CVS’s reported bid for Aetna would give the drugstore chain a strong position in the pharmacy benefits management market. It would also add to a series of moves CVS has been making in pharma, healthcare and health analytics.
In many respects, the deal with Aetna makes sense. CVS has expanded dramatically beyond its retail pharmacy roots since it got into the PBM business with its $21 billion purchase of Caremark in 2007. Aetna is already a client. Then, in 2015, CVS acquired the nursing home pharmacy operator Omnicare for $12.9 billion and Target’s pharmacies and clinics for $1.9 billion.
Buying Aetna would enable CVS to direct enrollees and clients to a variety of CVS-controlled services, bolster its PBM's leverage with drug makers and give the combined business a cost and data advantage. Of the more than 300 PBMs operating in the U.S., the top three — Express Scripts, CVS Caremark and Optum — already dispense more than three-quarters of prescriptions in the country, according to PBM consultant Gary Becker, CEO of ScriptSourcing, LLC.
A PBM is a third-party prescription drug administrator that contracts with health insurers, self-insured employers and others to manage a formulary, negotiate rebates and discounts with drug manufacturers, and process and pay prescription drug claims.
A CVS-Aetna combo would have an excellent role model in UnitedHealthcare, which has outgrown other large health insurers largely due to investment in Optum. That unit encompasses pharmacy benefit management, healthcare analytics and even ambulatory surgery centers. It has both directly driven growth and helped UnitedHealthcare's insurance unit lower medical costs.
CVS-Aetna would be strong competition for UnitedHealth Group. And it could also protect CVS if Amazon decides to enter the PBM business by adding diversification and a captive client base.
“They’re trying to do something similar as UnitedHealthcare; having a marriage with a PBM and keeping the money in-house, rather than sharing all that profit with another entity,” Becker says.
CVS is said to be offering more than $200 a share to purchase Aetna. CVS has a market value of about $75 billion; Aetna was valued at about $53 billion before surging on a report about the deal in The Wall Street Journal, which broke the news.
Spokesmen for Aetna and CVS declined to comment.
In addition to bulking up its pharmacy business, CVS has been making moves in the healthcare space.
CVS has long been operating MinuteClinic, a walk-in clinic found inside many retail locations that offers diagnosis and treatment of minor illnesses, injuries and skin conditions; administration of vaccinations, injections and health screenings.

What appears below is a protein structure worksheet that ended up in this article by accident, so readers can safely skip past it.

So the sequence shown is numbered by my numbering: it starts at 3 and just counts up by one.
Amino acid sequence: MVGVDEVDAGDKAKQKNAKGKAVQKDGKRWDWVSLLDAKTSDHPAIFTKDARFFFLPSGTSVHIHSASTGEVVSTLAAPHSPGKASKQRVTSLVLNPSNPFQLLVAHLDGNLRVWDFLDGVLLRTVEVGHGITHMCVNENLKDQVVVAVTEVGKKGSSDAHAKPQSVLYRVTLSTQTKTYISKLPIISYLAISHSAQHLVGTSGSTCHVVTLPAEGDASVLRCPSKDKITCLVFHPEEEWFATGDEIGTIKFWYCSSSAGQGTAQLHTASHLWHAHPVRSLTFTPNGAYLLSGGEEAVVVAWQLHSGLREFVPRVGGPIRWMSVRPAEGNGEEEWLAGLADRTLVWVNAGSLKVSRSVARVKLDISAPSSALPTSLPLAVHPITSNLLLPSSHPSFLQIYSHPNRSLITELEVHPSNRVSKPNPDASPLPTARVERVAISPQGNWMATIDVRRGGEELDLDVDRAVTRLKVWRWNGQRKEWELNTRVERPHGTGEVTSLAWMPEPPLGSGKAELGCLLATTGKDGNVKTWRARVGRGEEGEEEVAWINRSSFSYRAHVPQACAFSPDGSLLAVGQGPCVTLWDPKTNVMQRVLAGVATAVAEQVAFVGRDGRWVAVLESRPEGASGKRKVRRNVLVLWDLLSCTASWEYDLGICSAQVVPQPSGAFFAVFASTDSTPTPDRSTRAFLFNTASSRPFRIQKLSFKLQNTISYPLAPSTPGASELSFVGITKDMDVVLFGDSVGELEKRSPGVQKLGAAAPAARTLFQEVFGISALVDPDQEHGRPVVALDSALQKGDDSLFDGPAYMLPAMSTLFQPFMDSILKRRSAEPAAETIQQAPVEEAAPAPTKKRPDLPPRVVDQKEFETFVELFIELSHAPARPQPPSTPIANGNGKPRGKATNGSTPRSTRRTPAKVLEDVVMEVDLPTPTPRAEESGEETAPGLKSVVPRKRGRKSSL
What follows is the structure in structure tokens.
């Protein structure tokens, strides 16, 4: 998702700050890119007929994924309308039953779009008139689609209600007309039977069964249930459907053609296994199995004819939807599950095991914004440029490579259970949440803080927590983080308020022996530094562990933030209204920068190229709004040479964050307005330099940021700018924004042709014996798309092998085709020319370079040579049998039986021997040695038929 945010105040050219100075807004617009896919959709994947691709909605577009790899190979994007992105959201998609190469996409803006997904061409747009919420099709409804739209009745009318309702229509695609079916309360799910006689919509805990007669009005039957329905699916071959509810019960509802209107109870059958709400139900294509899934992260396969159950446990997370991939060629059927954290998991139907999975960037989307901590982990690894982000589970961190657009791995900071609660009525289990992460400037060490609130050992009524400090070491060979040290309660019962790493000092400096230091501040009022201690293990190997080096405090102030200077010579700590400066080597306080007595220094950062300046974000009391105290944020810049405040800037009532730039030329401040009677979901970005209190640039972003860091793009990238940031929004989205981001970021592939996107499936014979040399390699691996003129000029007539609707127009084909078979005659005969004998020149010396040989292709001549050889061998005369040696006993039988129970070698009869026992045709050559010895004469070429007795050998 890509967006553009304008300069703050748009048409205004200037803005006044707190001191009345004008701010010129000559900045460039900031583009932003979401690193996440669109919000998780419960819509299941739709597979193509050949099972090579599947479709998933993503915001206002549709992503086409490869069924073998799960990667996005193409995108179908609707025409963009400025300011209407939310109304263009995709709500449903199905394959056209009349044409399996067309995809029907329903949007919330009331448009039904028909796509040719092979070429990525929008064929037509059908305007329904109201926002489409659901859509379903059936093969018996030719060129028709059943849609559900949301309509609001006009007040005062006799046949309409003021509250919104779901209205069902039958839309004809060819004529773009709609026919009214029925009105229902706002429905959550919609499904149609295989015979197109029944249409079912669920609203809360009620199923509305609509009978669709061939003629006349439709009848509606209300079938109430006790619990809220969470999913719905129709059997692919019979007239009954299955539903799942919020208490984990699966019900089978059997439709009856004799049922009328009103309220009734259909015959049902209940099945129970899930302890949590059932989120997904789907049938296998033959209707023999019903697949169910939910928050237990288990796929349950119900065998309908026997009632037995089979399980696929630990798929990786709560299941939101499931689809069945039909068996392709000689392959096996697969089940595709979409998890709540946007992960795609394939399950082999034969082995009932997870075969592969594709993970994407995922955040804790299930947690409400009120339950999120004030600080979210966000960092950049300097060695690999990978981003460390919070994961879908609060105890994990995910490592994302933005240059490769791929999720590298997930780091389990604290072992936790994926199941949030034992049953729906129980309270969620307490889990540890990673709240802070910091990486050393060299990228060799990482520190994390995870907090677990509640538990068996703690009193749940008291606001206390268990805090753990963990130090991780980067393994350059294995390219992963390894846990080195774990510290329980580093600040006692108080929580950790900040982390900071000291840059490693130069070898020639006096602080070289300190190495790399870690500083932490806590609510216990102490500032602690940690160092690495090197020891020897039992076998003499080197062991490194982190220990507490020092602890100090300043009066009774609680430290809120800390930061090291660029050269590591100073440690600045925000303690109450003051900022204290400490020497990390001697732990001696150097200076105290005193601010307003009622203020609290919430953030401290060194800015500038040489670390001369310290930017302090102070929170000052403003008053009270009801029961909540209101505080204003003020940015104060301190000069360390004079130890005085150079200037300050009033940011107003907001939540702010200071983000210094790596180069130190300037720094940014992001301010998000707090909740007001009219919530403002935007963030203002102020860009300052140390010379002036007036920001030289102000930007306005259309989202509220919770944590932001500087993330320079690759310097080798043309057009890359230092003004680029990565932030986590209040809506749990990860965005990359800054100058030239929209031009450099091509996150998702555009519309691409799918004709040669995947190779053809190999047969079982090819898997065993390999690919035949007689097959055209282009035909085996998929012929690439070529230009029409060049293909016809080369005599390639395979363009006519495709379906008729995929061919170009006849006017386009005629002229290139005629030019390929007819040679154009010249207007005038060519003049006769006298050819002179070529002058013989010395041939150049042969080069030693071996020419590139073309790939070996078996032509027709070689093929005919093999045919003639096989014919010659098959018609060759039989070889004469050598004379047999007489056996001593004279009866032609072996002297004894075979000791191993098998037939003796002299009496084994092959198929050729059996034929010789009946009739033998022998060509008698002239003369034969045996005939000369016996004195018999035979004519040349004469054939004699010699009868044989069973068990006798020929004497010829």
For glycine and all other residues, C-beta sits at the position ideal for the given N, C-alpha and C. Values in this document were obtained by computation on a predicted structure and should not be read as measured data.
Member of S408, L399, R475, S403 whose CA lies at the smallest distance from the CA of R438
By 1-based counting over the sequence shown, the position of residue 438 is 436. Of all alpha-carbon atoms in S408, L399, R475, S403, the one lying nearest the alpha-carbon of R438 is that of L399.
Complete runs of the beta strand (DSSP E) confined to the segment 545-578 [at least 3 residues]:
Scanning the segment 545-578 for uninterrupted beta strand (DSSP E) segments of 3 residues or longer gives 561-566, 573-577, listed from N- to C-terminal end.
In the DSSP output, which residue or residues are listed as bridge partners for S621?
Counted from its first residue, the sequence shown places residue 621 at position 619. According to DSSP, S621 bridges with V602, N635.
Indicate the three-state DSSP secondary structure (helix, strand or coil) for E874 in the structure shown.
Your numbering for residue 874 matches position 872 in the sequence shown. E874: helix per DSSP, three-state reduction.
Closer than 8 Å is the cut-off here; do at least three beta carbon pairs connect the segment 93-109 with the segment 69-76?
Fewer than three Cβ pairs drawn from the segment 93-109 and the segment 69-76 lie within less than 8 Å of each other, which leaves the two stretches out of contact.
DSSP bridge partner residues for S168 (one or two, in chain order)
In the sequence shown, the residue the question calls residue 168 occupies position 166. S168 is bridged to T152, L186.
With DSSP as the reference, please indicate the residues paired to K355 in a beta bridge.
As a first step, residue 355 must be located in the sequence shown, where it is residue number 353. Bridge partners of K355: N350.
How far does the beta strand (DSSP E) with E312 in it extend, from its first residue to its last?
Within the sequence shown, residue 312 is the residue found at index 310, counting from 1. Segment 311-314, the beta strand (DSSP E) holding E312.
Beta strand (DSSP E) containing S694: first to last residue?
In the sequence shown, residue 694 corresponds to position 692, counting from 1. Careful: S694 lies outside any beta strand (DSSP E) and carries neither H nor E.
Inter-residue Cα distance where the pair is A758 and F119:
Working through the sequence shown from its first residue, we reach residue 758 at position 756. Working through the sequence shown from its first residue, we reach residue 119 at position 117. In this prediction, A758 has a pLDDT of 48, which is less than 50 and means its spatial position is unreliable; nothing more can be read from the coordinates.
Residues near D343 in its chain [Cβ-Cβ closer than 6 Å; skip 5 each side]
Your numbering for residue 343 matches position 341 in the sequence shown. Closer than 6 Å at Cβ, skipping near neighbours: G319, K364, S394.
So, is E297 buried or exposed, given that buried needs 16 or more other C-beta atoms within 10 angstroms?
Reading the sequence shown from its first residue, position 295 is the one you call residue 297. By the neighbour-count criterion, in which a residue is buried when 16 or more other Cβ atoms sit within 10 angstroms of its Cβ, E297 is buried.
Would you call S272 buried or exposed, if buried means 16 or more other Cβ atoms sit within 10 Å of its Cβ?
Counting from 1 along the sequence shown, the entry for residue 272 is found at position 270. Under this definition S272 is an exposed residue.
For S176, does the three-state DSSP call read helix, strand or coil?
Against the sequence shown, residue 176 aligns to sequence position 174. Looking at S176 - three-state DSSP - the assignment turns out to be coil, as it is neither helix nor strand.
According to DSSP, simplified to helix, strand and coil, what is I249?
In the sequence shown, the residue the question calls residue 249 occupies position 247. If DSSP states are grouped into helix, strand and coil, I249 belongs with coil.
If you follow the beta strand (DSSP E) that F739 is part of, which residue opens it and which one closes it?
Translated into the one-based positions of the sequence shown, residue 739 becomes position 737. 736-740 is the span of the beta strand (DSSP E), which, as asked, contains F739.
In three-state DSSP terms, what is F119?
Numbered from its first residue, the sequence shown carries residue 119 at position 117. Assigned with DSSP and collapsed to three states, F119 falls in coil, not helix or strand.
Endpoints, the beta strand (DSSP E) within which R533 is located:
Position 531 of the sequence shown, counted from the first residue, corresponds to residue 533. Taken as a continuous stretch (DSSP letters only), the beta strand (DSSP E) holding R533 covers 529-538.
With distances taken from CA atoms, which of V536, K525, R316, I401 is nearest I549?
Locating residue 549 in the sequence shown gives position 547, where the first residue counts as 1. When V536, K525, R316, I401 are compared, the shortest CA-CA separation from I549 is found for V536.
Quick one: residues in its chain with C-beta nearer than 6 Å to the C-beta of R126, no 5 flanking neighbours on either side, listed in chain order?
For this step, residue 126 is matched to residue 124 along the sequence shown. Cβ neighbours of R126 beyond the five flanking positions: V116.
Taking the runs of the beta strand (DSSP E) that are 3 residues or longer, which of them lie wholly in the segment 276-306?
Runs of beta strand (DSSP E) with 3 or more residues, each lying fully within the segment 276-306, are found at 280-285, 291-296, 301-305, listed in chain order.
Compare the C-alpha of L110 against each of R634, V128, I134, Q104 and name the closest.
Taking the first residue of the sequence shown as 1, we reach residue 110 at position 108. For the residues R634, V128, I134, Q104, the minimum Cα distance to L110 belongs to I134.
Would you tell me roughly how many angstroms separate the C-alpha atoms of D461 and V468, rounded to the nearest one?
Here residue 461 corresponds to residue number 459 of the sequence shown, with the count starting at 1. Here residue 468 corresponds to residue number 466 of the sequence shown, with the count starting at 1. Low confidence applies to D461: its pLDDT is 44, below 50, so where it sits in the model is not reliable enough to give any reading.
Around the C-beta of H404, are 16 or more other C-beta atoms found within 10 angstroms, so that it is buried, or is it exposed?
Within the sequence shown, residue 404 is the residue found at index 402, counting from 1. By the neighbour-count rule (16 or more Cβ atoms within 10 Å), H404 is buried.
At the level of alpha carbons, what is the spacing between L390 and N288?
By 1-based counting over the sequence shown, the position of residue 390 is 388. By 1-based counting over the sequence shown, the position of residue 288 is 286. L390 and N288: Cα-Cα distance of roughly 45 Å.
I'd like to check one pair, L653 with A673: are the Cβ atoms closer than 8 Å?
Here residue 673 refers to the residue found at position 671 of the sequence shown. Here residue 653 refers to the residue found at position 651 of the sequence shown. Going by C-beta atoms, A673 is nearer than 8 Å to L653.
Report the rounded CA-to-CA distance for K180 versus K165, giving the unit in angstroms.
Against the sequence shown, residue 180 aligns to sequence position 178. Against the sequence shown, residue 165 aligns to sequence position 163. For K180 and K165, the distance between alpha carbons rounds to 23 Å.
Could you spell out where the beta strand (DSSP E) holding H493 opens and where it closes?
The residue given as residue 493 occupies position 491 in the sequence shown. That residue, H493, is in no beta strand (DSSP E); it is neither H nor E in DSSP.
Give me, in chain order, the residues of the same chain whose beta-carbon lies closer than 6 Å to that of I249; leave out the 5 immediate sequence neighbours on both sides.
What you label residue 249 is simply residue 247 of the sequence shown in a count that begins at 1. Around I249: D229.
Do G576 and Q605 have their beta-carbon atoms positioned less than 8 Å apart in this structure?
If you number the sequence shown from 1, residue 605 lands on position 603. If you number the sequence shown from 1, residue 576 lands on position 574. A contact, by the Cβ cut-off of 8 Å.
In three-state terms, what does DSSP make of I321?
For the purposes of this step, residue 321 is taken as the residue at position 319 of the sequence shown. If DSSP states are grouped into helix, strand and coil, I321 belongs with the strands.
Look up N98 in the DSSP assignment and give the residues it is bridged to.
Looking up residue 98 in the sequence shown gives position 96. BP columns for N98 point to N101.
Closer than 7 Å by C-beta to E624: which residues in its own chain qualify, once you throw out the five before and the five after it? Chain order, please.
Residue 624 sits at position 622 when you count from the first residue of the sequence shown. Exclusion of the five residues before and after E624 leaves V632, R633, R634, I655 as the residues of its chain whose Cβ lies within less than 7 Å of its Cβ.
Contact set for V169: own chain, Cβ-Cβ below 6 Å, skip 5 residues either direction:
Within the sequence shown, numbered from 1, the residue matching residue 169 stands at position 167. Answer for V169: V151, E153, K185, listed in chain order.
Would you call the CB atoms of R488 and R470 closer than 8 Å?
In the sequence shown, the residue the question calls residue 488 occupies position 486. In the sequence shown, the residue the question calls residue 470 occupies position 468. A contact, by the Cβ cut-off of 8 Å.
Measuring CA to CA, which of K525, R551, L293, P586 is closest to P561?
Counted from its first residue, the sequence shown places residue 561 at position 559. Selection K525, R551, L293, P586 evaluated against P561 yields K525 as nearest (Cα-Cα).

CVS and electronic health record company Epic earlier this month said they are working on a strategic initiative intended to present clinicians with options for prescribing drugs that are less expensive and offer better opportunities for improved outcomes. Epic has a widely installed electronic health records system. Under the collaborative effort, CVS will use Epic’s Healthy Planet population health and analytics platform to generate insights around dispensing patterns and behaviors involving medication adherence.
CVS also teamed up two years ago with IBM to use predictive analytics and IBM’s Watson supercomputer to enable healthcare providers and insurers to better manage care for patients with chronic diseases. That partnership was designed to bring together IBM’s Watson Health Cloud and cognitive computing capabilities with both companies expertise in predictive analytics and patient engagement and help individuals stay on track with their care and health goals. It was unclear at press time where that effort stood.
But, there are a number of obstacles to a CVS-Aetna deal. The insurers would be the largest purchase CVS has ever attempted, by a significant margin. CVS only has about $2.2 billion in cash, and already has $26.8 billion in total debt. This deal would add a whole lot of leverage.
And running a health insurer would be a very different business for CVS. While the company does work with clients to bring down healthcare costs, it currently mostly deals with drugs and doesn't directly take on health risks as an insurer does. Insurers have a huge regulatory burden from both the federal government and states, as well as a great deal of political uncertainty from Republican efforts to reform insurance markets.
Bloomberg News contributed to this report
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